How can I help when others are depressed?

What a helpless feeling! A friend, spouse, sibling, co-worker shows all the signs of depression. The person has gone from full of energy and life to tearful, lethargic, unmotivated and overwhelmed. The change from positive and confident to pessimistic and hopeless is heartbreaking to observe. You desire to help your loved one, but how do you? What can you do? Perhaps you have tried to cheer them up or invite them to functions so that they can get out and be with other people. Maybe you have attempted to talk them out of their depression by telling them it will get better soon or encouraged them to look at the positives in their lives. Despite your efforts, does it seem like nothing you do really helps?

There are things you can do to help someone you care about who is depressed. You can be a loving listener, an encouraging voice, and a praying heart. You can remind them of the many blessings that they have and help them identify the times in their lives in which they have not felt depressed. You can encourage them to seek the counsel of a physician, therapist, or minister. However, the most important gift you can give them is to remind them that they are loved unconditionally by Jesus Christ.

Jesus is the only one who understands their suffering completely. The Bible explains how God became a man, in Jesus. And He lived on this earth with all its challenges. Jesus suffered as He endured pain, hunger, fatigue, rejection, loneliness, and more. Ultimately, Jesus even experienced death on a cross. The Bible says in Philippians 2:6-8, “Who, being in very nature God, did not consider equality with God something to be grasped, but made himself nothing, taking the very nature of a servant, being made in human likeness. And being found in appearance as a man, he humbled himself and became obedient to death—even death on a cross!” Not only does Jesus understand what it is like for us to suffer but he did all of this so that we can be saved. Jesus died for us that we may receive the ultimate blessing of eternal life in heaven. Sharing this gift with someone we care about who is depressed is perhaps the best medicine!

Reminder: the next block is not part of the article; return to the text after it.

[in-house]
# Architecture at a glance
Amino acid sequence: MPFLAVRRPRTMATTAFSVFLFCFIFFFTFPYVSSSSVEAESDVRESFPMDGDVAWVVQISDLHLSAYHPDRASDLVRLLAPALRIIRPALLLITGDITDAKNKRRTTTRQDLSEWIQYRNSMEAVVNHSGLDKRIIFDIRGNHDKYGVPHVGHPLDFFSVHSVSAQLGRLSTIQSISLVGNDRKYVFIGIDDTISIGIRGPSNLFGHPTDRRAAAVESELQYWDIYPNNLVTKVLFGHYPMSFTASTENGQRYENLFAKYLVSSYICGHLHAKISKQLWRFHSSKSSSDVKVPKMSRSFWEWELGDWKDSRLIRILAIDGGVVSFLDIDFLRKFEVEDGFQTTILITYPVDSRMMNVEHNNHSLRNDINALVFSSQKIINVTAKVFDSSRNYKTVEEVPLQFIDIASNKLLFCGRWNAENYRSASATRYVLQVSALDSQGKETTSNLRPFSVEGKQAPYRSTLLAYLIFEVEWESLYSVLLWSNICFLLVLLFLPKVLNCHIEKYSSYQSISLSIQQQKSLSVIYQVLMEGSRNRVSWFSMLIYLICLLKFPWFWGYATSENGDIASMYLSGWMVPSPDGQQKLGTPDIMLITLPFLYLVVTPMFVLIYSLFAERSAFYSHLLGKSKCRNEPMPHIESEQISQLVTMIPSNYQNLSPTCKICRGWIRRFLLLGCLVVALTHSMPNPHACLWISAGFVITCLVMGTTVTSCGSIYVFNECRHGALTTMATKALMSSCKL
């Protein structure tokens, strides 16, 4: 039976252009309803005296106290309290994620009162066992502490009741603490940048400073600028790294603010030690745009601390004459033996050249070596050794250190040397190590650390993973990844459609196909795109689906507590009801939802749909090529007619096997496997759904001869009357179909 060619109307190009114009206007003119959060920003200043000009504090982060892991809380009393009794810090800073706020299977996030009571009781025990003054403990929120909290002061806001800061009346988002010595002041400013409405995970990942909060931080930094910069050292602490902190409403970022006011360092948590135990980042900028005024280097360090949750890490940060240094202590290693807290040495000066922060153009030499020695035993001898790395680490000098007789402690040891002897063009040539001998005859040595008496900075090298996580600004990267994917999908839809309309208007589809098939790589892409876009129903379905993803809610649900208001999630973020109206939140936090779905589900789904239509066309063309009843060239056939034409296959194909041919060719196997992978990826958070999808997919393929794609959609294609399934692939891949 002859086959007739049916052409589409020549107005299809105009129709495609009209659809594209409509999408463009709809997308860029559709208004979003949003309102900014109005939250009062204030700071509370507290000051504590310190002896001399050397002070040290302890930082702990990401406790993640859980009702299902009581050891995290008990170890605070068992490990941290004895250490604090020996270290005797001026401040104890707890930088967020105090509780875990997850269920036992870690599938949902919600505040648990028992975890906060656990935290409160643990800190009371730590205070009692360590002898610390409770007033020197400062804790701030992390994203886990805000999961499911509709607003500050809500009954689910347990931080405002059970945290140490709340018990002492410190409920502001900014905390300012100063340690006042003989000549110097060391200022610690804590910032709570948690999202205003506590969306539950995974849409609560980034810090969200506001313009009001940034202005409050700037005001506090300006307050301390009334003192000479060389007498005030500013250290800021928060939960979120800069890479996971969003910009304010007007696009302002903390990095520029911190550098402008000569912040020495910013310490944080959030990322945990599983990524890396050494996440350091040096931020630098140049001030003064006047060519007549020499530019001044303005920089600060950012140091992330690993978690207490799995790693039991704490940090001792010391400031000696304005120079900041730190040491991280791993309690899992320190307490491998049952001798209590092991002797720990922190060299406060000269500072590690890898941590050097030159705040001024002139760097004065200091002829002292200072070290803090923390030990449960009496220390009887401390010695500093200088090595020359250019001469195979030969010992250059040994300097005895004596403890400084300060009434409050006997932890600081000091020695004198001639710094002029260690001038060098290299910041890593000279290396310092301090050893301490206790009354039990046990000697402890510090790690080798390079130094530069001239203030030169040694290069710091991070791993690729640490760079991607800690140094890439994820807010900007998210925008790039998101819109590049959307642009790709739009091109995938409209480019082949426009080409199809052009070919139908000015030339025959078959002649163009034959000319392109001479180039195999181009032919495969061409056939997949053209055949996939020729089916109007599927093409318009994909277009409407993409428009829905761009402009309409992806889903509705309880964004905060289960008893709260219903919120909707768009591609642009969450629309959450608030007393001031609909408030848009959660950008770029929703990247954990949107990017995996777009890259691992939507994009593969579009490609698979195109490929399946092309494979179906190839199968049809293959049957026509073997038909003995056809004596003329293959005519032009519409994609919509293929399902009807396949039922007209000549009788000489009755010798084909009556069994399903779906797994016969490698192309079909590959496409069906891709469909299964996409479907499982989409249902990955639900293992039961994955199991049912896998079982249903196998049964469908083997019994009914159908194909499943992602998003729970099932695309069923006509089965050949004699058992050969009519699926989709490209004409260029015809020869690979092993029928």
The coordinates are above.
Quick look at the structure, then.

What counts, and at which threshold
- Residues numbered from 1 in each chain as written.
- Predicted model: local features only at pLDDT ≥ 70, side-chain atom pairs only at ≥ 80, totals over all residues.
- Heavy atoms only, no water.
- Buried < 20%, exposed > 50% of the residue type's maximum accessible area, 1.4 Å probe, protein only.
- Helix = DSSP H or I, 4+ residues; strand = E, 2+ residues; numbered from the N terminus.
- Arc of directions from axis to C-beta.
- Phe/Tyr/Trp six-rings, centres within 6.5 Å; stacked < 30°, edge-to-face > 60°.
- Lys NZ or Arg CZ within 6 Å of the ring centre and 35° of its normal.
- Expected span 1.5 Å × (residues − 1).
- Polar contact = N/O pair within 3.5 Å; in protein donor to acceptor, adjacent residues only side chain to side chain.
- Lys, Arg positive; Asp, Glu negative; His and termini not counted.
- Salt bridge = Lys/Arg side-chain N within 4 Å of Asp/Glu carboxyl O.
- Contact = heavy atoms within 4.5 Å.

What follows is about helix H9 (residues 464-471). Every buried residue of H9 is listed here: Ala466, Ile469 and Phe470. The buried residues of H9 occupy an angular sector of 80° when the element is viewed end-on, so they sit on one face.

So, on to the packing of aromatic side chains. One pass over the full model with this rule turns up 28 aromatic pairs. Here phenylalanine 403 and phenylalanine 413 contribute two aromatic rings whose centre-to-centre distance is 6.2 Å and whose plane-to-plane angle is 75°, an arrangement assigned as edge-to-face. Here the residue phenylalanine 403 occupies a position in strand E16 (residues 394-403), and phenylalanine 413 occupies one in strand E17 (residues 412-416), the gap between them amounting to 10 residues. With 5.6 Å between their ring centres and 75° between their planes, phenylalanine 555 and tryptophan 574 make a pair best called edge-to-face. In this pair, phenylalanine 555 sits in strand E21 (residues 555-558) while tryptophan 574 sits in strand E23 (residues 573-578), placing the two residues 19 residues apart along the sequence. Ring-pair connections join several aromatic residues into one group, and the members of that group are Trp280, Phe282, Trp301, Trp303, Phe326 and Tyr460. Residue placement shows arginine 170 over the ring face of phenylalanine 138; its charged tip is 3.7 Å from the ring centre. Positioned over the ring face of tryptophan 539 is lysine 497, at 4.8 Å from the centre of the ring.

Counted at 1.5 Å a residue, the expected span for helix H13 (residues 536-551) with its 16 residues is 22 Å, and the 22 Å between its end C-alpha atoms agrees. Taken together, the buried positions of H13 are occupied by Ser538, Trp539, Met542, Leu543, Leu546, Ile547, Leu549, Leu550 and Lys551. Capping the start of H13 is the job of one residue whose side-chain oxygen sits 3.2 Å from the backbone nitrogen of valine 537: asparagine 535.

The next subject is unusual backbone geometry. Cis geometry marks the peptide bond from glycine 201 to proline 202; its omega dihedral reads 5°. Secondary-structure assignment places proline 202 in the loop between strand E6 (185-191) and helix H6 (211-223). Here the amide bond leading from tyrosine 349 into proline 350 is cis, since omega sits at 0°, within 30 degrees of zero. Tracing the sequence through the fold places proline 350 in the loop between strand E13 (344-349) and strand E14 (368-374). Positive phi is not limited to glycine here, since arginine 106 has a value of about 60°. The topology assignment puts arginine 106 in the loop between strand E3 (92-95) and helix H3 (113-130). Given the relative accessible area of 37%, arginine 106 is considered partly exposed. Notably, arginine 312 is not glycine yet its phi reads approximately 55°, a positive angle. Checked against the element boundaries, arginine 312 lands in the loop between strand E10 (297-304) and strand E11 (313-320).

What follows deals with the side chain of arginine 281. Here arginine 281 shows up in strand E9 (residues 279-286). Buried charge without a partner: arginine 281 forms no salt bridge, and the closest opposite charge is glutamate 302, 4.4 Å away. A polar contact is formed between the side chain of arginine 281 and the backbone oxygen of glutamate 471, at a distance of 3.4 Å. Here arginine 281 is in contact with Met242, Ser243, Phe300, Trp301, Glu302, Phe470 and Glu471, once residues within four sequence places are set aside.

Where is contentment to be found?

A farmer who had lived on the same farm all his life began to long for something better. He finally decided to sell it. He listed it with a real estate broker who promptly prepared a sales advertisement for the farm. The ad, of course, listed all the farm’s advantages: ideal location, modern equipment, healthy stock, and acres of fertile ground.

When the farmer saw the ad in the paper, he hurriedly phoned his real estate agent. “I’ll buy it!” he exclaimed. “It’s exactly the place I’m looking for!”

Contentment is a matter of perspective. How many times have you lived out the cliché, “You don’t know what you’ve got until it’s gone?”

There is a place where contentment is found, and you don’t need to take a religious pilgrimage to find it. Look at the people, possessions, and pleasures in your life and see them not as your own but “on loan” from God. He gives them to you for a purpose. He wants you to take care of them, and to manage them faithfully.

Some people have received talents from God that are most appreciated by the company’s upper management. Other people have received talents that are noticed most by two-year-olds as they live securely in a loving home. Both kinds of people can be content.

“Rejoice in the Lord always. I will say it again: Rejoice!” one Bible writer happily urges. “I have learned the secret of being content in any and every situation, whether well fed or hungry, whether living in plenty or in want. I can do everything through him who gives me strength” (Philippians 4:4,12-13).

Contentment is a happiness and appreciation that comes from God tapping you on the shoulder and saying, “I’d like you to do something for me. It’s not the same as everyone else is doing, but I know you can do it well. Here’s what I want you to use.”

Rejoice! No matter what the circumstances, you can be content when you see what you have as a gift from God. Part of that gift is the purpose behind it, an improvement project that improves not just the gift, but also the one to whom it is given.